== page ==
Embracing the Unfamiliar African Names
I once shared office space with a colleague whose interaction with foreigners amused me a bit. On this day, she spoke loudly on the phone with a fake American accent. “Hello Charmaine, so how was the journey to Nauru? mine was good. I left for Africa two days after you. Fine thank you, Africa is very hot, hot weather . . .”. As she laughed, I was curious about her repeated reference to Africa as her home when she could have said Nigeria.
Earlier in the day I had introduced myself to someone from Western Nigeria, saying my name as slowly as I could. He shrugged his shoulders and asked if I didn’t have an English name. I shook my head to let him know I was not about to adopt a new name for his sake. He then retorted, “What kind of name is that even?”_ a question that didn’t deserve another waste of my breath.
Africa’s image in the minds of some people in the West, notably Americans, was once that of a country where people with sun-scorched skin live in the most impoverished villages, ridden with diseases and war. Following the US elections of 2008 when Sarah Palin, Vice President Nominee reportedly didn’t understand that Africa was a continent not a country, many Americans have updated their knowledge gaps about Africa.
But have Africans updated their perception of their identity?
A person’s identity can be defined by their nationality, religion, ethnicity and language. I read somewhere that indigenous African languages are dying out. With the exception of South Africa and Zimbabwe, other African countries are yet to adopt their indigenous language as official language. In this regard, colonization may have led to the loss of our languages.
As African diaspora strive to piece together puzzles of their heritage, Africans at home invest in foreign ways of life more than in preservation of indigenous knowledge. They learn Mandarin for business in China and Sports Enthusiasts become proficient in pronouncing tongue twisting Premier league names like Stelias Giannakopolous, and Kare Hedley Ingrebrigsten. Such names require similar if not more effort to pronounce than Nigeria’s hardest names _ Mgbechinyere and Oluwagbajabiamila.
The British taught me to pronounce difficult foreign names by breaking the syllables and pronouncing as spelt. It was interesting that through my years in England my name was never miss pelt by native English speakers of Devon. They would apologize for not pronouncing it perfectly but I didn’t mind at all because they made an effort to not make you feel like an alien with a name from planet Saturn. It upset me to return home and find that nine out of ten times, Nigerians would give you the creased eyebrow look at the sound of your name, tacitly suggesting you get rechristened with a more familiar name.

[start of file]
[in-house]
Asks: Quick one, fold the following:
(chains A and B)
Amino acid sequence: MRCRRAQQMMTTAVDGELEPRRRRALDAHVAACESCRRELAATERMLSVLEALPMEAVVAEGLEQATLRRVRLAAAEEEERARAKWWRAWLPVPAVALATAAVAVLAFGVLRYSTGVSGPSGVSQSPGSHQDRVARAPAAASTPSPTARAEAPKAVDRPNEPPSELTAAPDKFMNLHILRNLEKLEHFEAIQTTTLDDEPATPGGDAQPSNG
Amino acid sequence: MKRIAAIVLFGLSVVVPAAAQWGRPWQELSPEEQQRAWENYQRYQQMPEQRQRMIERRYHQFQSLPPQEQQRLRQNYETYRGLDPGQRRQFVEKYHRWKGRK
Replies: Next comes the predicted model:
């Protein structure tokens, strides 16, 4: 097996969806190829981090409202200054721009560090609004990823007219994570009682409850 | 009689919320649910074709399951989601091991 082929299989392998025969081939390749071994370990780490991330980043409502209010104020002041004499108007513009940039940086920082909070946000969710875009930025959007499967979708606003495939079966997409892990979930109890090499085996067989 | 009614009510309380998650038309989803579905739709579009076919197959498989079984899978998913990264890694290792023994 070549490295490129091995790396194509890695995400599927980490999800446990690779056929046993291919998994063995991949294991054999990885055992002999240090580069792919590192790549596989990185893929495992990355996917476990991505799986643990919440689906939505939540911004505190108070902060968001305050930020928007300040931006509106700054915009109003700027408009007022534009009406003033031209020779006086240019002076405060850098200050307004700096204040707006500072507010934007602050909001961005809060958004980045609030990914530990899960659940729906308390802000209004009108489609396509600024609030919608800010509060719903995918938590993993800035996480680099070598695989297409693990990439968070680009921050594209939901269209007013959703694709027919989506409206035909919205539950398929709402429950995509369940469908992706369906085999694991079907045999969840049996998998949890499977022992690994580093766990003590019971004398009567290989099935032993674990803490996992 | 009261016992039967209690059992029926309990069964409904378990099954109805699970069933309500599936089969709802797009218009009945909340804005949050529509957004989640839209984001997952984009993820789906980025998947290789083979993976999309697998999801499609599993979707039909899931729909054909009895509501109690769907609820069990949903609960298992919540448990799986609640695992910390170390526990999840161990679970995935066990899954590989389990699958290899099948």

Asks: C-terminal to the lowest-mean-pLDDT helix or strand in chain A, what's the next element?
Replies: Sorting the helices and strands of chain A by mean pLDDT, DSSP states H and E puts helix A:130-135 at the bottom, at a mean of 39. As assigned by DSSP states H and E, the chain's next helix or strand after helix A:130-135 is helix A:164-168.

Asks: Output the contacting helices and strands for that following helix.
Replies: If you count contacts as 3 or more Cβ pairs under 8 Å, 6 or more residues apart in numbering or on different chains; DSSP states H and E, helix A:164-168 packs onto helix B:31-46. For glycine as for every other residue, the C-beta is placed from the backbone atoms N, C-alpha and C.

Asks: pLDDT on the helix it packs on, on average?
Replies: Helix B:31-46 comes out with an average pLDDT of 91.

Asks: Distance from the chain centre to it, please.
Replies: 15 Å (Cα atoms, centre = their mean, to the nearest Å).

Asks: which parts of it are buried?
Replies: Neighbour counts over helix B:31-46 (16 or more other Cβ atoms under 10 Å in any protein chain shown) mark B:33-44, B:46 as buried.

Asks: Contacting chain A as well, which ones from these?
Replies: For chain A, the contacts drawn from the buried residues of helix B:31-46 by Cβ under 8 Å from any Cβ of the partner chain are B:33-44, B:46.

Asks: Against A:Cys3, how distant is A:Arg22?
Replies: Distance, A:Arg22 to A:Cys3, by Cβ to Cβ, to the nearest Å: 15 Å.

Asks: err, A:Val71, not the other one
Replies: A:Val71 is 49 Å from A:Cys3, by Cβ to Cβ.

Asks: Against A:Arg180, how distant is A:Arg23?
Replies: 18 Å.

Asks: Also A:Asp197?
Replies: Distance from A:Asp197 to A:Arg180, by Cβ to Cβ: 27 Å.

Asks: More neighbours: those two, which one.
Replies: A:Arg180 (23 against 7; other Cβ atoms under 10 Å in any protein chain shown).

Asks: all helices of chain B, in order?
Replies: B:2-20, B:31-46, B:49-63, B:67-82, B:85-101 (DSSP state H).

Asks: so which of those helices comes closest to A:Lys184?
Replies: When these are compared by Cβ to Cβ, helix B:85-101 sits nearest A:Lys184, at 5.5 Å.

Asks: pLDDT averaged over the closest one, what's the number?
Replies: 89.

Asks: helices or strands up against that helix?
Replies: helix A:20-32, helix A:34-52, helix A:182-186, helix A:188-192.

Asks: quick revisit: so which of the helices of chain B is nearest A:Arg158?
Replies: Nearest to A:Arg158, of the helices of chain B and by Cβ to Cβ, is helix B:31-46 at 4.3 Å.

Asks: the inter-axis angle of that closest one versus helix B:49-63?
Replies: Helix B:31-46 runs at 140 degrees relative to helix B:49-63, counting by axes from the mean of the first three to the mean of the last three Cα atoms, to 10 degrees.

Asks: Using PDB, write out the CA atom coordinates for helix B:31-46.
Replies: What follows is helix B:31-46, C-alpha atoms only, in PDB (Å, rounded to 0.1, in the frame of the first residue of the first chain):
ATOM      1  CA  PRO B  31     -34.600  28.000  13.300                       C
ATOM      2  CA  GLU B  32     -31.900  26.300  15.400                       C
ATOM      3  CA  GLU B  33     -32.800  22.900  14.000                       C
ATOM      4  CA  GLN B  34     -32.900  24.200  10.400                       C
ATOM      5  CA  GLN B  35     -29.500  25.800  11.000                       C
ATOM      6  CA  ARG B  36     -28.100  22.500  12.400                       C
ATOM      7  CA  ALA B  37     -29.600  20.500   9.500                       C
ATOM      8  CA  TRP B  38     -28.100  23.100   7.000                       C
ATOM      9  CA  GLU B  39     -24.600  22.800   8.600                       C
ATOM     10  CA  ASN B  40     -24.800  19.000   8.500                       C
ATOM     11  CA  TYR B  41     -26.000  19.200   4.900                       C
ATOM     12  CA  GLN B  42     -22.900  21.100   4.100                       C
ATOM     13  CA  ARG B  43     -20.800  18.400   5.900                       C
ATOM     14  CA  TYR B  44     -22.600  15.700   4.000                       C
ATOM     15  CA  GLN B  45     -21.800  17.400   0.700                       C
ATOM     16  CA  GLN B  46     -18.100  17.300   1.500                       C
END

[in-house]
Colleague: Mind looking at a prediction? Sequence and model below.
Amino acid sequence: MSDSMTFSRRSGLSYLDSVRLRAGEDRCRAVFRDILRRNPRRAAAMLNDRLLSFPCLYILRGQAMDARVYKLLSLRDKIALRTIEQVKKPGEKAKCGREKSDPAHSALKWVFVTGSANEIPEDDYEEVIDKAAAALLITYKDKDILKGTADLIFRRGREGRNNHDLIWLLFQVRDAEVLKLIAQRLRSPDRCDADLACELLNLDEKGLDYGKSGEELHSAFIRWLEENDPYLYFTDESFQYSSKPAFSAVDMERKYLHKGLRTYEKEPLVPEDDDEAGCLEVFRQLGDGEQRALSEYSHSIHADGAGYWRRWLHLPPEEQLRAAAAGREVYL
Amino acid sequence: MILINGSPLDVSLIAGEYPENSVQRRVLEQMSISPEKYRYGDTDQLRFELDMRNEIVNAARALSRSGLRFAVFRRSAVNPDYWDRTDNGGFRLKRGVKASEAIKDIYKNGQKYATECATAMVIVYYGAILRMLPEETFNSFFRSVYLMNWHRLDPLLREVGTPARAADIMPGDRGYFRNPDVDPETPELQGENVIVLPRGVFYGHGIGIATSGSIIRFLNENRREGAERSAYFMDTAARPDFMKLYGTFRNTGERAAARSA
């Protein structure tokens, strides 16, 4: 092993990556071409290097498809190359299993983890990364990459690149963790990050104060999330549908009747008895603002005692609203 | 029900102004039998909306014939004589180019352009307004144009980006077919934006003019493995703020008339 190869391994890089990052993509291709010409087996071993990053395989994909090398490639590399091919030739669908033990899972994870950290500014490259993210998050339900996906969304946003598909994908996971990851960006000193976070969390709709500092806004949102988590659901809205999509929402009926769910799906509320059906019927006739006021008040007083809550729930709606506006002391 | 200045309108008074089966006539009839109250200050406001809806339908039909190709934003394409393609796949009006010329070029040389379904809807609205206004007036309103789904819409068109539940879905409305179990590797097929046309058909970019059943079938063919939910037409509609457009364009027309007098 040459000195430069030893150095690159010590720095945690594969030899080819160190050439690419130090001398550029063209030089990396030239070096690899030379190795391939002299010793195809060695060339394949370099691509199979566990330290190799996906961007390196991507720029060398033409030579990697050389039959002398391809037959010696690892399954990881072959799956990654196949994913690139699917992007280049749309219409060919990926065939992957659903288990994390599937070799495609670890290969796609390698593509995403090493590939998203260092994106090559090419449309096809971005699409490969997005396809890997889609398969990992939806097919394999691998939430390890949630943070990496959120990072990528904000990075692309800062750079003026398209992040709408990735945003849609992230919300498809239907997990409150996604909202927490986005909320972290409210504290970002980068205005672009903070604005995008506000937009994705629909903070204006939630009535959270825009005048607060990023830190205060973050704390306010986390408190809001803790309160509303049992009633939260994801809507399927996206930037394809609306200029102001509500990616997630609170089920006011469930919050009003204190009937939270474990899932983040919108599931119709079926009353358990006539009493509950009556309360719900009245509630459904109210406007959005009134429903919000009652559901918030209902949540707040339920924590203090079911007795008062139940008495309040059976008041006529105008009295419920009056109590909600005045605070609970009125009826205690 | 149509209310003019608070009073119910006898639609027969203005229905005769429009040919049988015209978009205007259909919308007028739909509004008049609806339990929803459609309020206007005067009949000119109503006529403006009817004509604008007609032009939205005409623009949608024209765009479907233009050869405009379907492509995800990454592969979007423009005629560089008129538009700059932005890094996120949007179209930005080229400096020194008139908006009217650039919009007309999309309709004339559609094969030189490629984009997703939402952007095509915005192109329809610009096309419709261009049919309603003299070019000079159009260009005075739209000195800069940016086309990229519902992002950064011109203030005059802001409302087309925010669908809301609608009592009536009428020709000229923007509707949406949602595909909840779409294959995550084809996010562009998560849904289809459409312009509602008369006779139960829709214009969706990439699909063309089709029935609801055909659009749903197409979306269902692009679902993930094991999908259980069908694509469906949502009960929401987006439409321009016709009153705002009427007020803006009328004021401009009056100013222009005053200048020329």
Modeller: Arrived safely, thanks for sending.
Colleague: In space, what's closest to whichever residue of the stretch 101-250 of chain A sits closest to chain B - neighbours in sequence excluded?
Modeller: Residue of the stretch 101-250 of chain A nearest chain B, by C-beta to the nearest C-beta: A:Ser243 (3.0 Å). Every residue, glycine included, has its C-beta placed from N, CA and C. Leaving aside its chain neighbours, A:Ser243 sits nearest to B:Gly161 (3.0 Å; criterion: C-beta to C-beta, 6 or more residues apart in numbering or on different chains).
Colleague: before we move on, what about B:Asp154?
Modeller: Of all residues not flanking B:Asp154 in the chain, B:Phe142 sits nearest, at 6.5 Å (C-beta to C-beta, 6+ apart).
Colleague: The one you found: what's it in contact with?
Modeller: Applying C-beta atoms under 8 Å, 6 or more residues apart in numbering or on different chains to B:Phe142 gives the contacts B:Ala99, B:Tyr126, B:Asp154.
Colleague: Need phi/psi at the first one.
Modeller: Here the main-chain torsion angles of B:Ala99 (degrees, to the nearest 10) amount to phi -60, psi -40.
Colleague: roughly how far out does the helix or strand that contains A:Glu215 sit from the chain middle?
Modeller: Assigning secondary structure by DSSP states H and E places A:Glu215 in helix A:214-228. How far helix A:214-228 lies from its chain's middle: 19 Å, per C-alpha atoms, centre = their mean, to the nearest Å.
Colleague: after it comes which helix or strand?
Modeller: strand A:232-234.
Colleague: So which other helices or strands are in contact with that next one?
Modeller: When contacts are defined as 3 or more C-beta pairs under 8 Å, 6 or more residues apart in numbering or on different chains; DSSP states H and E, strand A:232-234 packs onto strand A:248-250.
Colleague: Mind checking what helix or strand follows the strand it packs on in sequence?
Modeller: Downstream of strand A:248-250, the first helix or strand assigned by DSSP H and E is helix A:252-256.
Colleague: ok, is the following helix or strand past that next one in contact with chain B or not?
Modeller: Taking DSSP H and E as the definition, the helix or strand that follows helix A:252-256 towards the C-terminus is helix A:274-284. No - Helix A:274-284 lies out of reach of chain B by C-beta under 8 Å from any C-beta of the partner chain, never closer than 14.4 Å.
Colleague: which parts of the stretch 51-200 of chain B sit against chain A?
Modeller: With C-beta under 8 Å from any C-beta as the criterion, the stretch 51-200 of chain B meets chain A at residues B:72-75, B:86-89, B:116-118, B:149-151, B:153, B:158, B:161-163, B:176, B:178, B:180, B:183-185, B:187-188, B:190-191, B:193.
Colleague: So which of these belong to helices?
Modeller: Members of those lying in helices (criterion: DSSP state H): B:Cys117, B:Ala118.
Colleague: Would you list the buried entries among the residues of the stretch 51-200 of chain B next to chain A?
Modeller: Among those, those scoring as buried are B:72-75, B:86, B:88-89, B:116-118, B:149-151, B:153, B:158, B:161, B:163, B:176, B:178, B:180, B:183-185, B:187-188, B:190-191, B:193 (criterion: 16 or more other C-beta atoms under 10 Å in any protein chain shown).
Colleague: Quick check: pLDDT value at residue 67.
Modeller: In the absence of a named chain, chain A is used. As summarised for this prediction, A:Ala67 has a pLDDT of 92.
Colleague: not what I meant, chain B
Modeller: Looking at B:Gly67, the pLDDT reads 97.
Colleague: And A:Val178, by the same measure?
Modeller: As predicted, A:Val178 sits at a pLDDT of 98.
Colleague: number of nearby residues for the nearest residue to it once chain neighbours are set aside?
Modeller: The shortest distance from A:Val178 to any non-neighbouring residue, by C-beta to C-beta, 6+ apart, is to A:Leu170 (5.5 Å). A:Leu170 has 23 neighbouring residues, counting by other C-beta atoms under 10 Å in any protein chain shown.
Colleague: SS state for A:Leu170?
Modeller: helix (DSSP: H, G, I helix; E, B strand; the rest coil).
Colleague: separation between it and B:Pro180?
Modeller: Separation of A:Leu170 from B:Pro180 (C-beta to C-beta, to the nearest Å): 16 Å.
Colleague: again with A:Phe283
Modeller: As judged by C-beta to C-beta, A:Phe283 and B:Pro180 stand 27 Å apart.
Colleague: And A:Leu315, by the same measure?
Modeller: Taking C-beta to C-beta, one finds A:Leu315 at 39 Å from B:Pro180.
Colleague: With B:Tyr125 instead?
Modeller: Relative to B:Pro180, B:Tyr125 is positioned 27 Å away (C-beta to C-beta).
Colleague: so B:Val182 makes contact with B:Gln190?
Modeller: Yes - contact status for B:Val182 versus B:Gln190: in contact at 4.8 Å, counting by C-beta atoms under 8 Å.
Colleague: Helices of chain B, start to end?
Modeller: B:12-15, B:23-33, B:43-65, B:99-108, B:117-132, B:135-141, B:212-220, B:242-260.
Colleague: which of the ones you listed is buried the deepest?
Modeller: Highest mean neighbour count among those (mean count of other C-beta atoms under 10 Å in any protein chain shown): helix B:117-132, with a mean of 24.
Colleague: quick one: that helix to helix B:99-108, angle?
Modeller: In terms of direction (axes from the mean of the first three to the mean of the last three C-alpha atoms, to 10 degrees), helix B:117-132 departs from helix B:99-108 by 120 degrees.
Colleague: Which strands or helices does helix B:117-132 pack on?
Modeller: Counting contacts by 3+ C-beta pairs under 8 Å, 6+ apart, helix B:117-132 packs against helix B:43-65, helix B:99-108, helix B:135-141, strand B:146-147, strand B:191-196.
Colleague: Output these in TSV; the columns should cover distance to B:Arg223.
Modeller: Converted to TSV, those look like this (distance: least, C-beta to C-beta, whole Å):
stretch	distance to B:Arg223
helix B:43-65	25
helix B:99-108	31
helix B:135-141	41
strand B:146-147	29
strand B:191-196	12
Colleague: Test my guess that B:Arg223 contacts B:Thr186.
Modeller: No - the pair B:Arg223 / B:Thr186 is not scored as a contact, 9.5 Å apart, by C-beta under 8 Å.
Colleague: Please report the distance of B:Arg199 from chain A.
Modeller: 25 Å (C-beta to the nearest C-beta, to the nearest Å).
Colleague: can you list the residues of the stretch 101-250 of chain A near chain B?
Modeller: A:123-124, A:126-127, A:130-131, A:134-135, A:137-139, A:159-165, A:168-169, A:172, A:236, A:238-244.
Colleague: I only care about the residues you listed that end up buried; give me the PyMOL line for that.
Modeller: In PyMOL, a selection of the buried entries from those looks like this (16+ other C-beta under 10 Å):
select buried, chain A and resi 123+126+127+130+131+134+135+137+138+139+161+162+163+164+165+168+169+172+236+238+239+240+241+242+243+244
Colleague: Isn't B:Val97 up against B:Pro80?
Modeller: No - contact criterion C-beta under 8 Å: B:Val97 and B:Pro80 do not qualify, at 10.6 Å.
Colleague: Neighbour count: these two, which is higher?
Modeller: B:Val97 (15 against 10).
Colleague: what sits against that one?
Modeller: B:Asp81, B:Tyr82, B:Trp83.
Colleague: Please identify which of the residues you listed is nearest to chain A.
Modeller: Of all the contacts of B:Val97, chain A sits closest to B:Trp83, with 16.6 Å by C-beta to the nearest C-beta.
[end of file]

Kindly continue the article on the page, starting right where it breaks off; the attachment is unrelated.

This fear of unfamiliar indigenous names is what I call aboriginophobia.
Africans’ preference for English names over indigenous African names is an indication of a kind of identity crises. This may be as a result of decades of colonization, but the indifference or perhaps laziness of Africans to preserve their identity is worrying. Religion has also had its influence on the identity of children in Africa. Many African children born into Christian families are christened or baptized with foreign names that are biblical. It is now common to see Africans bearing names like John James or Peter Paul.
I chose to identify with my native name rather than my baptismal name because I am more Nigerian than Latin, French and English origins of the name. I come from a minority tribe in Nigeria called Ekpeye but my name is hardly a tongue-twister. The trick is to simply ignore the silent ‘e’ and pronounce as spelt with or without the right intonation. The Ekpeye people say ‘igaze’ (journey) and ‘uma’ (good) to wish you a safe journey. Literally, Igazeuma means ‘safe journey’.
Identity is a personal journey. It is a decision about what we represent or how we perceive ourselves in the world.
We may change over time because identity is fluid but how long the transition to a new identity takes is not always within our control in a globalized world.Africans like me who reflect on the way we portray ourselves, should learn to think not only about how it serves us today.
We should consider this a journey to leave footprints for generations in the sands of time. And as we continue on this journey to rediscover our identity, my profound wishes for you shall be_